Tuesday, September 30, 2008

the best things about fall are


sleeping outside (still!)
the view from my bed
maple trees

Thursday, September 18, 2008


Two hours spent driving through the Columbia River Gorge (beautiful, beautiful, beautiful!) from our house will get you to Trout Lake and the Gifford Pinchot National Forest, where the huckleberries are really large and abundant this year.Here are the rules for a successful huckleberry picking excursion:
1. Choose a sunny day in early to mid-September; not too hot and not too cool, warm in the sun with a light breeze
2. Don't take your dog; she will get bored immediately and begin to whine
3. Pack a picnic of homemade salmon spread (with leftover Chinook from
from last night's grill), a fresh baguette from Grand Central Bakery, Japanese cucumber salad (cucumber from the garden, natch), and triple ginger cookies spread with sweetened cream cheese and topped with (what else) fresh picked huckleberries. OMGaaah....
4. If you take your dog, she will whine the entire time
5. Bring small buckets (large is too depressing)
with a rope to hang round your neck (not your waist, let's be professional here)
6. I don't recommend taking your dog, she will be very very restless
7. Remember your cooler, ice, and freezer bags (also small) to keep your stash in for the trip home
8. If you miss berry picking with small children, be sure to take our dog. It will remind you of those days when no amount of treats, games or diversions would stop the whining
9. Also bring water to drink and wash your hands in (and for the dog, if you were stupid enough to bring her)
10. Stay until six o'clock, when the sun will be low enough to blind you so you have to stop in Hood River at the Full Sail Brewery to get something to eat while you watch the wind surfers and wait for the sun to go down
11. You probably shouldn't take your dog; she might puke in the car on the way home

Just park anywhere you can and follow the trail down into the huckleberry bushes:

Even Mr Cranky is happy out here in the woods

Remember not to leave until six o'clock, when the sun is in the tops of the trees:

You will want to wash your hands before you touch the steering wheel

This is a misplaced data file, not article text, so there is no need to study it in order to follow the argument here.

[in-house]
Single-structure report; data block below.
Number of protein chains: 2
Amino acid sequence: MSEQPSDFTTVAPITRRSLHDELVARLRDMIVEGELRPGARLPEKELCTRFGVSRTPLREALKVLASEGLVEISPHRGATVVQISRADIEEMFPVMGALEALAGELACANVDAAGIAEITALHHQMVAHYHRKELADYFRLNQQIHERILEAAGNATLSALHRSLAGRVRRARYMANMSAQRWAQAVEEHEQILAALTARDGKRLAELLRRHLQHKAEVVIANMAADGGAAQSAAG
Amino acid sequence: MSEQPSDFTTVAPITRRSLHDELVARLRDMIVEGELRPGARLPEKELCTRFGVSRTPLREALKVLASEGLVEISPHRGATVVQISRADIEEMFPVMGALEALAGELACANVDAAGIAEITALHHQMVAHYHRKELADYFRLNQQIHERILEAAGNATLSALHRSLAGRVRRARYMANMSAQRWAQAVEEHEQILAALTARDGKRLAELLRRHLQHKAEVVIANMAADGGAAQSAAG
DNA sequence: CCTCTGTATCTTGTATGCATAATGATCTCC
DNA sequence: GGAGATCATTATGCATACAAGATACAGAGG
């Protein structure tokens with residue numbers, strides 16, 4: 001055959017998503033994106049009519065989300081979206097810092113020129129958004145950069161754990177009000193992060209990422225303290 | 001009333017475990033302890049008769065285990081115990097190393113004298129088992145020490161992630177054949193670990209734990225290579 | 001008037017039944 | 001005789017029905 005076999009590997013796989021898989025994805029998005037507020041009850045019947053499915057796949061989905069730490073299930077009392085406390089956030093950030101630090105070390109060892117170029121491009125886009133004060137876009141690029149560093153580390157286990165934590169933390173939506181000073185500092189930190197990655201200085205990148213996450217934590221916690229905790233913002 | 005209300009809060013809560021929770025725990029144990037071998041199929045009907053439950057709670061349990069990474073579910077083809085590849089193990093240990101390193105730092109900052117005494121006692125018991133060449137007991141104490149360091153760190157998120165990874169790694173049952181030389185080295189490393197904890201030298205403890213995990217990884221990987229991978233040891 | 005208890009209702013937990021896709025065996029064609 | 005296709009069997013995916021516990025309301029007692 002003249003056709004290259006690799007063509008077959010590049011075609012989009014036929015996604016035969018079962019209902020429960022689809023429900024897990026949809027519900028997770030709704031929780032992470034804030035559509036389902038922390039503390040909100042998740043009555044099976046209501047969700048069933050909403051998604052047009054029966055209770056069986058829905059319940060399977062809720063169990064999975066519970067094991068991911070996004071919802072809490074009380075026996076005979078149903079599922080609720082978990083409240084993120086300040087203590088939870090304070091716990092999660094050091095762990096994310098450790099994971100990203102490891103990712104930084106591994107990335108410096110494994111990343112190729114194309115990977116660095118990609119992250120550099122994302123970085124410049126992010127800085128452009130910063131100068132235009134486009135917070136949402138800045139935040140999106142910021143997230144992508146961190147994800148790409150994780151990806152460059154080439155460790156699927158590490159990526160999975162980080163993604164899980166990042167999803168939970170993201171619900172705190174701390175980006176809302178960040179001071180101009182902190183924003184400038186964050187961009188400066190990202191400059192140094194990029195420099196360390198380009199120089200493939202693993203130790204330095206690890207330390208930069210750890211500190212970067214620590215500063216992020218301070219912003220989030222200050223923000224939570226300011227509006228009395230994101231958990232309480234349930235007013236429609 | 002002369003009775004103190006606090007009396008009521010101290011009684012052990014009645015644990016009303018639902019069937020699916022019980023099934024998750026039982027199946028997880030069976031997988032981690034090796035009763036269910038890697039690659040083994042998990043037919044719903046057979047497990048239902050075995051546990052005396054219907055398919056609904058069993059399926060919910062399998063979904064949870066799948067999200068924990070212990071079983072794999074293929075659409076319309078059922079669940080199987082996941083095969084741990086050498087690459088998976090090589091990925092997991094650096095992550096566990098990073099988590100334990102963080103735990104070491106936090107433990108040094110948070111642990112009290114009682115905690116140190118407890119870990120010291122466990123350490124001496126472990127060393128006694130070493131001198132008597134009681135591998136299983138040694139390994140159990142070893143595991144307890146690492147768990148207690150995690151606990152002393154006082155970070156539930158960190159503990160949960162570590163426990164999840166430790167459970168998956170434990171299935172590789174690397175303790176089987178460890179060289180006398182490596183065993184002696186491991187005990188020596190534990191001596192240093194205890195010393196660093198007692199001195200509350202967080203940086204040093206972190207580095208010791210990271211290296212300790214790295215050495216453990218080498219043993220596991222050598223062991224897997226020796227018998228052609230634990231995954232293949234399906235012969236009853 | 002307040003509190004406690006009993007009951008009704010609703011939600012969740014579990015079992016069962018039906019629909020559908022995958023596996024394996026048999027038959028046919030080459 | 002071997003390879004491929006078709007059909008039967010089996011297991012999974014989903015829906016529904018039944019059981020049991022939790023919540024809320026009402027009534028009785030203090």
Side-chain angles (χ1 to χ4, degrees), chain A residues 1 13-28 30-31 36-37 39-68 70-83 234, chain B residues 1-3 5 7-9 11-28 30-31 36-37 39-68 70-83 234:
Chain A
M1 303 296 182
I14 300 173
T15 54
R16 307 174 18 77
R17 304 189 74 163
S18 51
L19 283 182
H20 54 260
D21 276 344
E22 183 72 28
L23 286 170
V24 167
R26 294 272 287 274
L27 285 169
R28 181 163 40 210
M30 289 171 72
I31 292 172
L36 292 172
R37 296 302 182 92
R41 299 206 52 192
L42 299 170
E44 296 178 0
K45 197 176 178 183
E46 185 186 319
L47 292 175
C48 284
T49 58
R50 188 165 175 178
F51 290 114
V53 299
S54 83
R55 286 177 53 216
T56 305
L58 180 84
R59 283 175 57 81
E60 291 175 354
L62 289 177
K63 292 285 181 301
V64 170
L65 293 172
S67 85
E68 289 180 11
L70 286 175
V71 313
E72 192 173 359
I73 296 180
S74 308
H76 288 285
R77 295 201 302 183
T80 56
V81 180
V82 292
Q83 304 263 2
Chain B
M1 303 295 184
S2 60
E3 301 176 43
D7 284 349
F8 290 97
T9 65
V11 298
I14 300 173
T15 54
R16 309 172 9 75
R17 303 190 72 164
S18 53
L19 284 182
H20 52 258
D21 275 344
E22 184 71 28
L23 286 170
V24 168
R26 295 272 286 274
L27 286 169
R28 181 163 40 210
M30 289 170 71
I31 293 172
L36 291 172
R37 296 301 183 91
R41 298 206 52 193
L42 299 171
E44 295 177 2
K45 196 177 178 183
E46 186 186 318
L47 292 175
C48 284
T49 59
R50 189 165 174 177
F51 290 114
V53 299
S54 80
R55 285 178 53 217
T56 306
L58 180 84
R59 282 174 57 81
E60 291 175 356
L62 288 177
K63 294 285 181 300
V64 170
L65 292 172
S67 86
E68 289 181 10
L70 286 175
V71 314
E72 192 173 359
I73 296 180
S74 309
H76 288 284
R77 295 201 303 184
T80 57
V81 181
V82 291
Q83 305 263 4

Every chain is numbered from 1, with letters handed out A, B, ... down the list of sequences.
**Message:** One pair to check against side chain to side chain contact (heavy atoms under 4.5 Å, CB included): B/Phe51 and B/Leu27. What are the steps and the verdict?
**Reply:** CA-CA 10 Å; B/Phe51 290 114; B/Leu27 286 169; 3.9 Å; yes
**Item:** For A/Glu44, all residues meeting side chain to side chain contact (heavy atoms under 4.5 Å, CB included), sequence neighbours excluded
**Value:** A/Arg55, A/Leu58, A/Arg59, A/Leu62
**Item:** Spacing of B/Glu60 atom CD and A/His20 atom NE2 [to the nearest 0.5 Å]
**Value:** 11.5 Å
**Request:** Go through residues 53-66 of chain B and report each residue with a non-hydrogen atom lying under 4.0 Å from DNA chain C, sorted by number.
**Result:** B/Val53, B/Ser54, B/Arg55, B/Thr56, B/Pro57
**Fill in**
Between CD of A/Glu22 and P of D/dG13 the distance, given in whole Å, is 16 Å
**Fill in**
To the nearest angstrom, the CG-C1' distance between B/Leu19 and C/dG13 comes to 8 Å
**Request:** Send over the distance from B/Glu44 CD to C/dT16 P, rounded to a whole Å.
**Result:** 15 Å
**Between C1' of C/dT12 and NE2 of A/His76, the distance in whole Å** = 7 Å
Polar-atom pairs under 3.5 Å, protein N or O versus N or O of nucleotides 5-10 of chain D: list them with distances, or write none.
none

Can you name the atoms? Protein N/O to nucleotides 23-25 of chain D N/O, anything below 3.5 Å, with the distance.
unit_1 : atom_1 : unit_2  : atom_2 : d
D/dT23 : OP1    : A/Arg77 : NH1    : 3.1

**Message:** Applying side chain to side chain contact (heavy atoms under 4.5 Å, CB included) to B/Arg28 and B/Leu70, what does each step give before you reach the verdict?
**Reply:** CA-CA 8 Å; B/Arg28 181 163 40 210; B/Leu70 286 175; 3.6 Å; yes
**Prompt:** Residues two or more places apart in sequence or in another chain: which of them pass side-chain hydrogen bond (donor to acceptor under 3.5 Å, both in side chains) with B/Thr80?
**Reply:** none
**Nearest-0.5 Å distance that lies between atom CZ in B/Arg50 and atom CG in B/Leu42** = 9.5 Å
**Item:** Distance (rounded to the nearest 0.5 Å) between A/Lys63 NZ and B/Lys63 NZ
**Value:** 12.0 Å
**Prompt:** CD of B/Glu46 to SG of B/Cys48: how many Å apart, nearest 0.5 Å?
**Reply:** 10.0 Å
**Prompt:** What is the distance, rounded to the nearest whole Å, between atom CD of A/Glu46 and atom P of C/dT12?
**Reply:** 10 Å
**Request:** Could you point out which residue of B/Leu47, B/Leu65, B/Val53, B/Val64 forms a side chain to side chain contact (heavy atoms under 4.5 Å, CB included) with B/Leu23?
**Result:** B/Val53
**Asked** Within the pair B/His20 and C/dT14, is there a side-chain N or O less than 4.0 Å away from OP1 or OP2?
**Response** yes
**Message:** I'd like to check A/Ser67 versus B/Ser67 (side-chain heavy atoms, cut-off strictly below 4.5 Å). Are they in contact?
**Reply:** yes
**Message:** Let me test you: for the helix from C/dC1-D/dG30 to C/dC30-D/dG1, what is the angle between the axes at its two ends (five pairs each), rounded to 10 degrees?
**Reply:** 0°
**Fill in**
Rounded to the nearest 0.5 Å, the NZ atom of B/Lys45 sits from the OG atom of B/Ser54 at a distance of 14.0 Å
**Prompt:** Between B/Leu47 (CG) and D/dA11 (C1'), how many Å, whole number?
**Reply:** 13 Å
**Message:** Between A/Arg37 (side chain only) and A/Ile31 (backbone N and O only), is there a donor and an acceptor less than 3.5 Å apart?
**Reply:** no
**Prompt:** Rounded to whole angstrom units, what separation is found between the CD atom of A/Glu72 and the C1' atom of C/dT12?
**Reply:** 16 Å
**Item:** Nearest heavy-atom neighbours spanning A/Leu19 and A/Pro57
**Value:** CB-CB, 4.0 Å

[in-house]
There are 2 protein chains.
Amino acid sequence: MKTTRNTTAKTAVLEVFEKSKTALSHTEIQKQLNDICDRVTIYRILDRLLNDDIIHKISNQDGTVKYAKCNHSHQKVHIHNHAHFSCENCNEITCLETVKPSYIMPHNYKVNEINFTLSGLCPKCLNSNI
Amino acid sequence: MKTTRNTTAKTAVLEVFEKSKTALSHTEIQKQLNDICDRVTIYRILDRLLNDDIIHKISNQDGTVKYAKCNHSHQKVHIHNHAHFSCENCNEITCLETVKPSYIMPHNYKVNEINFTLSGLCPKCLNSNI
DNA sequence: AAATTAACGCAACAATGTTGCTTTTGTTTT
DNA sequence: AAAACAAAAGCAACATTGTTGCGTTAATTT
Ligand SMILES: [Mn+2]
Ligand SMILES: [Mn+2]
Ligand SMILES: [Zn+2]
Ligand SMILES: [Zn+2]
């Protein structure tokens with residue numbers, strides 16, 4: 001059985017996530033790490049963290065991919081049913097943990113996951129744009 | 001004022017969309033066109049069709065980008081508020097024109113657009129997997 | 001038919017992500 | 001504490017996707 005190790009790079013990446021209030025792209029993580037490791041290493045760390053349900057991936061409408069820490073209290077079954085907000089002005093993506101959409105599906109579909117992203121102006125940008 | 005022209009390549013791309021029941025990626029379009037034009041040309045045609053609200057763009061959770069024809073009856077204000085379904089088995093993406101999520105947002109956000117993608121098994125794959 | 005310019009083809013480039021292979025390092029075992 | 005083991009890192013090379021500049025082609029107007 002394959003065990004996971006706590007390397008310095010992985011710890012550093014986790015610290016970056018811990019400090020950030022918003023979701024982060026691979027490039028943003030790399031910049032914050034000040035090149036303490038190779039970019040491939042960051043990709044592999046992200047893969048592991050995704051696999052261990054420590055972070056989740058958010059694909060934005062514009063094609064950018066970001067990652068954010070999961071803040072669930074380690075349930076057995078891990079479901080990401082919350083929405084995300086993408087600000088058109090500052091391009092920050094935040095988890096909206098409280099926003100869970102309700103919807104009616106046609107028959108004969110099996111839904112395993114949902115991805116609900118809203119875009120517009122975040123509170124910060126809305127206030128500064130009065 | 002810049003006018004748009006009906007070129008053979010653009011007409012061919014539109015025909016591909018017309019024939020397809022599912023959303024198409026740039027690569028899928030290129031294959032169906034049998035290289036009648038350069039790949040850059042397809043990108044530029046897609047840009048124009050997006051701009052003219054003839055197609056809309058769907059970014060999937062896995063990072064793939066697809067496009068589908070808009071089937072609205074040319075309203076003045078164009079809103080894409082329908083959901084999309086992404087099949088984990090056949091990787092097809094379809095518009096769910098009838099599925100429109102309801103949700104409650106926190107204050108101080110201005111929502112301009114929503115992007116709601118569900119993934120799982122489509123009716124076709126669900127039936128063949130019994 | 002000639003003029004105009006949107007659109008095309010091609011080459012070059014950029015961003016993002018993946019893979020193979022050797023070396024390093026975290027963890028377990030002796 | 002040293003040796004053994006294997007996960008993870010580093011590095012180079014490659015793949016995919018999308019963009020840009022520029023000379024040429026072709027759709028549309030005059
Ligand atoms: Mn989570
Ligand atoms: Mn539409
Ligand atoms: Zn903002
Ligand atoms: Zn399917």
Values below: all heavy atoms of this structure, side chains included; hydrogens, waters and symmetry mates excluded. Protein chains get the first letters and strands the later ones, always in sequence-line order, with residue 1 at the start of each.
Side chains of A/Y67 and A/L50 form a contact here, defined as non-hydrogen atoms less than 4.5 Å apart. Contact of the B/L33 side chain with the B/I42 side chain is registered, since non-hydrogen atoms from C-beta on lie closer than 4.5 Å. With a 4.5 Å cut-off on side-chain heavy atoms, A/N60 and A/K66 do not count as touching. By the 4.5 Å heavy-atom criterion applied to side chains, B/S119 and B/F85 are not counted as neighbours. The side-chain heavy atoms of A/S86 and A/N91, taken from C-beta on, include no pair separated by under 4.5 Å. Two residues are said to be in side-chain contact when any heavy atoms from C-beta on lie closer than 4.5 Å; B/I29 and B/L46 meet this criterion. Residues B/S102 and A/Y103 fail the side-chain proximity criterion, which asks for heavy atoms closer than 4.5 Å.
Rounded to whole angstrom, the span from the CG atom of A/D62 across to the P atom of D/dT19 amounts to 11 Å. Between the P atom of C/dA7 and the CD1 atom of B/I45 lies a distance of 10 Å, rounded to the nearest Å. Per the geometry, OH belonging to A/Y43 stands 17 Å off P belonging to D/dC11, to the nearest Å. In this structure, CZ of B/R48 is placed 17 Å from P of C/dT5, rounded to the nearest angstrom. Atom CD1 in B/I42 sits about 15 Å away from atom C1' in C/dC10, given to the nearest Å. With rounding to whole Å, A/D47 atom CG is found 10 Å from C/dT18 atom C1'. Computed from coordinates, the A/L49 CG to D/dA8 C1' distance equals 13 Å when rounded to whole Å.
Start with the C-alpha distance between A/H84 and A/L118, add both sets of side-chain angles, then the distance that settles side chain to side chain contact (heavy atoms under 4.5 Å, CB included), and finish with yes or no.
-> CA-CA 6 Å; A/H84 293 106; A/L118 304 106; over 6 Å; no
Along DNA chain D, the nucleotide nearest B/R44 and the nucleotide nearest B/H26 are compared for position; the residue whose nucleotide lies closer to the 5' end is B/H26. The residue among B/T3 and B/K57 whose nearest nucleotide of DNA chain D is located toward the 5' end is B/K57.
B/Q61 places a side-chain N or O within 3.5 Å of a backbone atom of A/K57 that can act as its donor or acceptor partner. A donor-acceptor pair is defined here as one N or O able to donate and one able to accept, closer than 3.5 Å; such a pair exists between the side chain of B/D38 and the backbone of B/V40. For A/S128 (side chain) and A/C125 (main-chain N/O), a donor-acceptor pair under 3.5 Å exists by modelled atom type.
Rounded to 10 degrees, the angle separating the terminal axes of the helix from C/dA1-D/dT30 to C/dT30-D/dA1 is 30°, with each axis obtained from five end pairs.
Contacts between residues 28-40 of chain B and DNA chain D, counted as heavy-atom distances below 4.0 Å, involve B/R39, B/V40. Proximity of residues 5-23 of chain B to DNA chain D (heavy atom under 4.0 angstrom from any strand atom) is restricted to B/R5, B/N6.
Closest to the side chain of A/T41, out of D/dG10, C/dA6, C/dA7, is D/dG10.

I am very stingy with my huckleberries, and so am unwilling to use them in what most consider to be the highest use of huckleberries: pie. I decided that I would make “hand pies” or wee fruit turnovers rather than regular round pie. You can really stretch out your stash of berries this way, but be forewarned, it is rather time consuming. Plus, wrestling with Pate Brisee (aka pie dough) has never been my idea of a good time. Especially because now I have to make everything without dairy (no butter!) or eggs to suit the annoying vegan in the family my adorable daughter.

Turnovers, as the name may imply, require lots of rolling, handling, folding, and patching and it's not all that much fun when your dough won't cooperate. After way too much fiddling and repairing, this batch actually didn’t ooze its juices overly much. Usually, the ones that I get into the oven with no cracks or tears come out 30 minutes later looking as if they had been the hapless victims in a slasher movie. But look, not too bad:

To make the filling, put 1 1/2 cups huckleberries in a saucepan.

Add about 3 tablespoons of sugar and a splash of water; heat it all up to boiling and stir in about 1Tb. cornstarch mixed with 2 Tb. water and cook until thickened (almost instantaneous, but go a little longer to cook the cornstarch)

That's it.

Or you could grate in a peeled apple if it doesn't look like you will have enough filling when you are about a third of the way done. Um, like I did.

Take your chilled dough from the fridge and roll it out to a rectangle measuring 15" x 10" and cut into 6- 5" squares. Actually, roll it out larger than that and trim to a nice, neat rectangle.

Place a good spoonful of filling onto the center of each square, moisten edges with milk, and fold into a triangle. Press edges with tines of a fork to seal the edges. Transfer to a parchment-lined baking sheet, brush with milk and sprinkle generously with turbinado sugar. Do it all over again with the second lump of chilled dough.

Bake at 375 degrees F. for about 30 minutes, until golden. Transfer to wire racks to cool.

Fantastically tender and delicious!

We saw lots of bear signs, coarse hair tangles on the bushes, but no actual bears. Whew.

I prefer to look at Dana Robson's cool animal images:

*from the beholder